One aspect concerns the two ways the salterio was played, known as pizzicato and battuto respectively. The former means that the strings are plucked (like the lute and the theorbo) and the latter that the salterio is struck with two mallets. The problem for a salterio player of our time is that the scores don't include any indication as to which of the two playing techniques should be used. "To answer the question of pizzicato or battuto execution, I am therefore dependent on the study of written sources about salterio playing and on practical experience with the instrument", Franziska Fleischanderl writes in her liner-notes. It seems that the two techniques were practised simultaneously and disseminated across Italy in the first half of the 18th century.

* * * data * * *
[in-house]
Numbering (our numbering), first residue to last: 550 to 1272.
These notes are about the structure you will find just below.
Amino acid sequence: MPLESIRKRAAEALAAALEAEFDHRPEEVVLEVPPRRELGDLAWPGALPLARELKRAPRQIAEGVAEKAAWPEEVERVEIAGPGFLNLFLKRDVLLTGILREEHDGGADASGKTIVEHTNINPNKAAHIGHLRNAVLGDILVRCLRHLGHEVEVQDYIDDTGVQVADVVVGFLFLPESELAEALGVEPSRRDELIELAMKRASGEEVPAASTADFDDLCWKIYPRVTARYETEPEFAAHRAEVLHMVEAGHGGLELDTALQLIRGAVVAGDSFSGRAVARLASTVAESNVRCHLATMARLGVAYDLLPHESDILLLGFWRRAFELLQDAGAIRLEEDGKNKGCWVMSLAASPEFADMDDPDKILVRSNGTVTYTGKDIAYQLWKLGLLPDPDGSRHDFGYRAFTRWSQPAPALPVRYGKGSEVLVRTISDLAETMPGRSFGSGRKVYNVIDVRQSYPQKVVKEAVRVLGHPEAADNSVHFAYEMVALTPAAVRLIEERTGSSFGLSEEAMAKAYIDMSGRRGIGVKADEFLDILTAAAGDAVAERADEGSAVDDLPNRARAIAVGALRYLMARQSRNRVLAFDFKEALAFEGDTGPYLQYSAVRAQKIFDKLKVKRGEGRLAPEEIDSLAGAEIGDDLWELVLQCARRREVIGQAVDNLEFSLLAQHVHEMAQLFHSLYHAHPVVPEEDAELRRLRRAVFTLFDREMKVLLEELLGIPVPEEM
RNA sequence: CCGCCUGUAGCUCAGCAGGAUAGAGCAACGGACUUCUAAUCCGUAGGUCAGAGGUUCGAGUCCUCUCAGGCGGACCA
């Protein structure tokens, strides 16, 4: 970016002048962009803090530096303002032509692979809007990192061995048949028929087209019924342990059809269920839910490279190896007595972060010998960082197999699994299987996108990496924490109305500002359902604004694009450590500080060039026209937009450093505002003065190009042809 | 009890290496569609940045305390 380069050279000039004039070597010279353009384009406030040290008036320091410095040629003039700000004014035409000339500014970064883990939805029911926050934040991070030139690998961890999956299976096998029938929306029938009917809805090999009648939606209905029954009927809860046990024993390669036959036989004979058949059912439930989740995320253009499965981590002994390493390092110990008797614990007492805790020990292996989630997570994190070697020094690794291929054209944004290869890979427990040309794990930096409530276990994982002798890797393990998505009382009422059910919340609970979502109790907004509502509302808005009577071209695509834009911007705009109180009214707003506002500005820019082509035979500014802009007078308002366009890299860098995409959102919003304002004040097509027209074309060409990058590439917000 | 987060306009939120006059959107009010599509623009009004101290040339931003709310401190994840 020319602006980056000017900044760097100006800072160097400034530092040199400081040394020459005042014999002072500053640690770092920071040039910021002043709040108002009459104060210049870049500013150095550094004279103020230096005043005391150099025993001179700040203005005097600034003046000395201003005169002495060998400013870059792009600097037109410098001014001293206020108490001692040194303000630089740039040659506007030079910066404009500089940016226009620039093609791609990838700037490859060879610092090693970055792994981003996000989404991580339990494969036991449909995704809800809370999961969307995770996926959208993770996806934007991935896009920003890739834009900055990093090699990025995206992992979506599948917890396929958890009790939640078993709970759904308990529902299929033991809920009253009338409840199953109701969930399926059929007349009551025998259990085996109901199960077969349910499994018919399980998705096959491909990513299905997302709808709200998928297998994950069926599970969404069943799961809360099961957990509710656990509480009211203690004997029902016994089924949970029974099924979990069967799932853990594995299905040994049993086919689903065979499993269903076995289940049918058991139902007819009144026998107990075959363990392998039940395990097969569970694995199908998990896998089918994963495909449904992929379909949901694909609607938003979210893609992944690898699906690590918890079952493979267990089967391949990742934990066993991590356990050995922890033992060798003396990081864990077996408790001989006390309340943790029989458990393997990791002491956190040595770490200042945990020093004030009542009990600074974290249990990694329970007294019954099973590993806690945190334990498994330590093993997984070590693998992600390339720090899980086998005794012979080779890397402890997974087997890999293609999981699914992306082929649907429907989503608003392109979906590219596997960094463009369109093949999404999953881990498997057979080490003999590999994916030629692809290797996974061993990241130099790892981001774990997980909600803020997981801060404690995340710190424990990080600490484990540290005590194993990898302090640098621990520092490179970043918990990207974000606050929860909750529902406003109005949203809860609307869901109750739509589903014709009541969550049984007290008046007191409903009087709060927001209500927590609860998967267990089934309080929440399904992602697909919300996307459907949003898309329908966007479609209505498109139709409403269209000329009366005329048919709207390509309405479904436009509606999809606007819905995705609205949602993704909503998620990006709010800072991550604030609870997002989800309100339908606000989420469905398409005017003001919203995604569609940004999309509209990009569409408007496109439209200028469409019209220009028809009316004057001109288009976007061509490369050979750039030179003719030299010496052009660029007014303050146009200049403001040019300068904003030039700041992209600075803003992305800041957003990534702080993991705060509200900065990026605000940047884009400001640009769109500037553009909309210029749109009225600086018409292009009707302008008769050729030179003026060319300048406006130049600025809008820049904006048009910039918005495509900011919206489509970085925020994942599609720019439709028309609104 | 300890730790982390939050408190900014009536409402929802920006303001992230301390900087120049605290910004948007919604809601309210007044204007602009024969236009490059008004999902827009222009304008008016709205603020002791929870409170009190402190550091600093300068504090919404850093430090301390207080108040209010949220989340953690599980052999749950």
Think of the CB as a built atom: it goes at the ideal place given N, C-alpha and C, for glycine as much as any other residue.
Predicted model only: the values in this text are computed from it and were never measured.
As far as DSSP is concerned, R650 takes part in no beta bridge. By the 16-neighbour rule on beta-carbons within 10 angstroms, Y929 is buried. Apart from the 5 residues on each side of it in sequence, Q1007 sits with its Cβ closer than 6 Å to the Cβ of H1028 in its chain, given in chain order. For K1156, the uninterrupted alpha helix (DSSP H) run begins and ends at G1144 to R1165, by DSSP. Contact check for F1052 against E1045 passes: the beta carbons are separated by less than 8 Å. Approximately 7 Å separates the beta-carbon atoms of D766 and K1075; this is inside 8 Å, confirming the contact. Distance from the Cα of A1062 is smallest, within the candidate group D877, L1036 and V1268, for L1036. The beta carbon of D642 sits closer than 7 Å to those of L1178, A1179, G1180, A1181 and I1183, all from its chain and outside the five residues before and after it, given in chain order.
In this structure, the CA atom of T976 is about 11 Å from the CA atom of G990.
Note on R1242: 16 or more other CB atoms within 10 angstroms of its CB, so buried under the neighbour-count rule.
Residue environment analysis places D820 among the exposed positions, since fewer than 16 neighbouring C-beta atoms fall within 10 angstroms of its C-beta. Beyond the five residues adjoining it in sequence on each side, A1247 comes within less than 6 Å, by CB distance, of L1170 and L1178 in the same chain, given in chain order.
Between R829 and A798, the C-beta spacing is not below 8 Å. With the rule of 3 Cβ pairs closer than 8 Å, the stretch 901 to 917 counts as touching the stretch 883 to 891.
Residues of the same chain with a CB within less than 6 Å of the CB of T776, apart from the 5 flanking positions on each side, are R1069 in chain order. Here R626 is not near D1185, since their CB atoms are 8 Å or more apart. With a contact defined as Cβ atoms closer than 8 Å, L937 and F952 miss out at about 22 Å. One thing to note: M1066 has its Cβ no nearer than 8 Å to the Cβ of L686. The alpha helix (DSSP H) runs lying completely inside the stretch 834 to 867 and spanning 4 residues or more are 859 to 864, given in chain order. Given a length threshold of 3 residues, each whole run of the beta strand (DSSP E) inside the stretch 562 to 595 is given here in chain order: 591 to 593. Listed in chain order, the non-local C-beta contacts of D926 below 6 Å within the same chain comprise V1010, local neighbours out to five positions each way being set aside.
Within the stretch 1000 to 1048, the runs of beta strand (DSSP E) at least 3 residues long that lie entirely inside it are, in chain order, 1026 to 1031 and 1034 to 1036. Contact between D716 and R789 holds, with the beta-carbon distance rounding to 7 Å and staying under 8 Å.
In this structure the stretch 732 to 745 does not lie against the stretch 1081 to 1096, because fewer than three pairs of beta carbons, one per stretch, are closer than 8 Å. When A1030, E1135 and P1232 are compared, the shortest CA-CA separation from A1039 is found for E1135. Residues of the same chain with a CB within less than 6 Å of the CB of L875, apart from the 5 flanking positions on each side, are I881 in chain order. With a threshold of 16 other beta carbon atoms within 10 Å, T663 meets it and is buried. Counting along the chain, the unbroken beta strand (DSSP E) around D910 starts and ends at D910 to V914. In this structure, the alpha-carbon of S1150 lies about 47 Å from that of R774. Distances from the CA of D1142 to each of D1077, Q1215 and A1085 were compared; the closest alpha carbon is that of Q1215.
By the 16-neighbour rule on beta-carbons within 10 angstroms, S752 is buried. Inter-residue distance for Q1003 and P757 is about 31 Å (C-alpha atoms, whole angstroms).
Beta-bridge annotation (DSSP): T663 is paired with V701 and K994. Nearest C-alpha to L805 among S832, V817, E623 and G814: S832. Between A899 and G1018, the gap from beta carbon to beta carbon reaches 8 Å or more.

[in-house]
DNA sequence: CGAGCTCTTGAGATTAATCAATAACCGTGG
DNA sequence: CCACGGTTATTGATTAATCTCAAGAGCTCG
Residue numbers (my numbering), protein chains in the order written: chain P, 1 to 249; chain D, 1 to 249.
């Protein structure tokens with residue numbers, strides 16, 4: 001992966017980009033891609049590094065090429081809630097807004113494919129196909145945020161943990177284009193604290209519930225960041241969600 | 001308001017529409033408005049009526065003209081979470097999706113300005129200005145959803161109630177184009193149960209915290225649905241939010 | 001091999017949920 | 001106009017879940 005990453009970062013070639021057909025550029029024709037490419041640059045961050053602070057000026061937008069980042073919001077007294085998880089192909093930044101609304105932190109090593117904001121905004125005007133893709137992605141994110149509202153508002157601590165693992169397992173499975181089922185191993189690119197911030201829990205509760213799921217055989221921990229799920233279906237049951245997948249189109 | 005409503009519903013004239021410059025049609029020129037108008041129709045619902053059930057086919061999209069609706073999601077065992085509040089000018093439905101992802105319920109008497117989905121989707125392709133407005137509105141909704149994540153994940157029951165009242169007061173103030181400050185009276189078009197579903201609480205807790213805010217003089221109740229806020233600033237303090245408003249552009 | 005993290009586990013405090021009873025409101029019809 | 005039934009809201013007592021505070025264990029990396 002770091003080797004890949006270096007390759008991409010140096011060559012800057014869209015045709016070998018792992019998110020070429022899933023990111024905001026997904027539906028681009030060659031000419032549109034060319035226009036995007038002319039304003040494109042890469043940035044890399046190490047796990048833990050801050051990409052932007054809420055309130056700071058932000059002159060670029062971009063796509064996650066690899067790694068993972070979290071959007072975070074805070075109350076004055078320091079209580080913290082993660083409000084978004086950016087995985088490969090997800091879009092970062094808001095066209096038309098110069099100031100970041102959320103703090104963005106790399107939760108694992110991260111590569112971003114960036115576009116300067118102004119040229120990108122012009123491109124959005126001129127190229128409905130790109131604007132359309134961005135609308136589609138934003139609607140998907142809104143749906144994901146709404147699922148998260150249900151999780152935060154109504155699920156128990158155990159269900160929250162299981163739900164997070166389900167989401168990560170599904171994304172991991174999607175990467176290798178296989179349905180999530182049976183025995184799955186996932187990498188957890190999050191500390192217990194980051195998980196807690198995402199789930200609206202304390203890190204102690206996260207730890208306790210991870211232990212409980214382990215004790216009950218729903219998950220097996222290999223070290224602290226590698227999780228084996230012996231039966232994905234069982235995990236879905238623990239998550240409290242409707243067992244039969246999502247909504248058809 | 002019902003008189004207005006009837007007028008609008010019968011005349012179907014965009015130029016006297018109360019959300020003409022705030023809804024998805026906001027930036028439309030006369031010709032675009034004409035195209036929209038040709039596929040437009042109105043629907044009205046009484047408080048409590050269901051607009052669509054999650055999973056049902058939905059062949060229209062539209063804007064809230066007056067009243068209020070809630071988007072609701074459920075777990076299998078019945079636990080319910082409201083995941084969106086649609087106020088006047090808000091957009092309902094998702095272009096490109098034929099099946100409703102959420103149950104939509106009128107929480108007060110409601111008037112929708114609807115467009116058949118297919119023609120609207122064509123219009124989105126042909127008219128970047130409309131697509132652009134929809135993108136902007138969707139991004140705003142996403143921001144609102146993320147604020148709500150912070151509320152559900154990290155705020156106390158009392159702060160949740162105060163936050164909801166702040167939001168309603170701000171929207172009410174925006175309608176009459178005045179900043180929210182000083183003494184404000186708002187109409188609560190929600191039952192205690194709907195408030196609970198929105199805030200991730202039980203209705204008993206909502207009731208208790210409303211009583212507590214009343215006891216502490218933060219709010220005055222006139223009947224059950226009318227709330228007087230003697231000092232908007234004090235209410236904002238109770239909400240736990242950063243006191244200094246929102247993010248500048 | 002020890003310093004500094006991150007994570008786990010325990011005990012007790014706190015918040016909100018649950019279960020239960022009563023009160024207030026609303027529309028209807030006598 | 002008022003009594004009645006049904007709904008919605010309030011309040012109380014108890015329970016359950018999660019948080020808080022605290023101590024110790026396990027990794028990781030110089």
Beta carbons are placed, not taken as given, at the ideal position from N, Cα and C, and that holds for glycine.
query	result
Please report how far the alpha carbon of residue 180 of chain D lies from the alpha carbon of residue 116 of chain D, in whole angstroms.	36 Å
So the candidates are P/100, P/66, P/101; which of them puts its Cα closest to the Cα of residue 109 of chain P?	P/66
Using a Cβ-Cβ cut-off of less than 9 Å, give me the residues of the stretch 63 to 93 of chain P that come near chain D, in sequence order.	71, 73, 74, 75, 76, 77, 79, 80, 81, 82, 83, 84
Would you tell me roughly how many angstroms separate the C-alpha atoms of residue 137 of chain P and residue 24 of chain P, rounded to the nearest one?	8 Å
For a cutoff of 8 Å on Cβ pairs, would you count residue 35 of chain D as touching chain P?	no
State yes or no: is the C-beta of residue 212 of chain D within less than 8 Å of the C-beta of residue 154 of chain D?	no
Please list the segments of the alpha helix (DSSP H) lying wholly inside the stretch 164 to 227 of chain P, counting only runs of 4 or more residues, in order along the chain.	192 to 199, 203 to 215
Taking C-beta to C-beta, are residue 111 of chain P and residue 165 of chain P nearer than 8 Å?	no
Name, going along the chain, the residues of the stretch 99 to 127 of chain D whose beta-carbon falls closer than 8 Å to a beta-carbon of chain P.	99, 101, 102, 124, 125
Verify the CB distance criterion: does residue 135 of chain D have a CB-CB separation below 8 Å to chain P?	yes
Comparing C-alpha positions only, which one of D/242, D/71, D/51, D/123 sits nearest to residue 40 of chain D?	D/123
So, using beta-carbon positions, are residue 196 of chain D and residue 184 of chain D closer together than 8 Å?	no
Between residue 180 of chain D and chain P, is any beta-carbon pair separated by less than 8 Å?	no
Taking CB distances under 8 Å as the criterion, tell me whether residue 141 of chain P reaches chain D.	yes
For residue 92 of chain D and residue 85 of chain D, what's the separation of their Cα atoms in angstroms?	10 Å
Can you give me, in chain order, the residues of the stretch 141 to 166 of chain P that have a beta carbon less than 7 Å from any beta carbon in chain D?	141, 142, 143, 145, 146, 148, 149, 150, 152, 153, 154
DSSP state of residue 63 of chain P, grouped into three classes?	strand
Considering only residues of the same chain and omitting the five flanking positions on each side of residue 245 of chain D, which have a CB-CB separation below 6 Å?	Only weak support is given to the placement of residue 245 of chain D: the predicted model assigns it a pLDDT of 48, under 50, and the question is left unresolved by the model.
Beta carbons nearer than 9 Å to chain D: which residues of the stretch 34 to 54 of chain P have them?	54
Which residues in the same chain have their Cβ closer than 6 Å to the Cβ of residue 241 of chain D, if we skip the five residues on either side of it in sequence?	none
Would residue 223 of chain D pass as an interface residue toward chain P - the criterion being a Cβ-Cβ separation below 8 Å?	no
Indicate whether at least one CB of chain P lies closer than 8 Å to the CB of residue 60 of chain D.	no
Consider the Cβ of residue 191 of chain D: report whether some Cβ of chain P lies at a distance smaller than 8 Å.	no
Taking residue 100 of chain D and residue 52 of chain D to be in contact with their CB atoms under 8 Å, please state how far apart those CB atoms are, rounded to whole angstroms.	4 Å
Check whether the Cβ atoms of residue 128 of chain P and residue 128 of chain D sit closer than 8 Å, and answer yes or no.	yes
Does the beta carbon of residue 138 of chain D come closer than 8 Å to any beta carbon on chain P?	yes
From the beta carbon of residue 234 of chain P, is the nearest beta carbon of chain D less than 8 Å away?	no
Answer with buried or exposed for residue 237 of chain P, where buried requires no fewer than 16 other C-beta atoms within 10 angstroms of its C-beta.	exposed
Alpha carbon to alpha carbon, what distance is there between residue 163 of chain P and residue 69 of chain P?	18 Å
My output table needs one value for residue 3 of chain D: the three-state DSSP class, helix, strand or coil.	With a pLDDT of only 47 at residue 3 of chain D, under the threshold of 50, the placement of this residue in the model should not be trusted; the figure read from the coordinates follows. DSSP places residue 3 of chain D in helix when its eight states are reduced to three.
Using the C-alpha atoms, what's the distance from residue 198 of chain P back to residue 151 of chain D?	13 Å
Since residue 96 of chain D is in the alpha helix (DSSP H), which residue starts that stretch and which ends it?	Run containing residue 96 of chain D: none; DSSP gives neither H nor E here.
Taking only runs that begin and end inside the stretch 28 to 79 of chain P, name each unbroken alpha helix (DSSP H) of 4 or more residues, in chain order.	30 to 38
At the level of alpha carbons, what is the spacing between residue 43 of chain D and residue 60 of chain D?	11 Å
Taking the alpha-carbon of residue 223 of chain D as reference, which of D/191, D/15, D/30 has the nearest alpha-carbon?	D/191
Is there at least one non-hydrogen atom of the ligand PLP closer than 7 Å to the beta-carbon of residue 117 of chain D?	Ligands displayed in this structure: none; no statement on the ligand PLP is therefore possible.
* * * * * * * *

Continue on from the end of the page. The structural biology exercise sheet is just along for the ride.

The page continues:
Playing pizzicato or battuto is not just a matter of playing technique, it also results in different sounds. "The acoustic result of both techniques is so different that one could almost speak of two different instruments: the pizzicato salterio and the battuto salterio." Where the former technique is used, the plucking angle, speed and positions are responsible for the sound of the instrument. In the latter technique, the mallets and their letheriness produce different nuances. In this recording, Franziska Fleischanderl plays two different kinds of mallets, either from boxwood or from snakewood, which creates a difference in sound. In the Brussels Musical Instrument Museum she found original mallets, and these have been reconstructed for this recording. An additional change of sounds is produced, if the heads of the mallets are covered with leather, in accordance with the Brussels model: "[A] dark, fortepiano-like sound is created which can also be altered by using different types of leather and leather thickness (...)".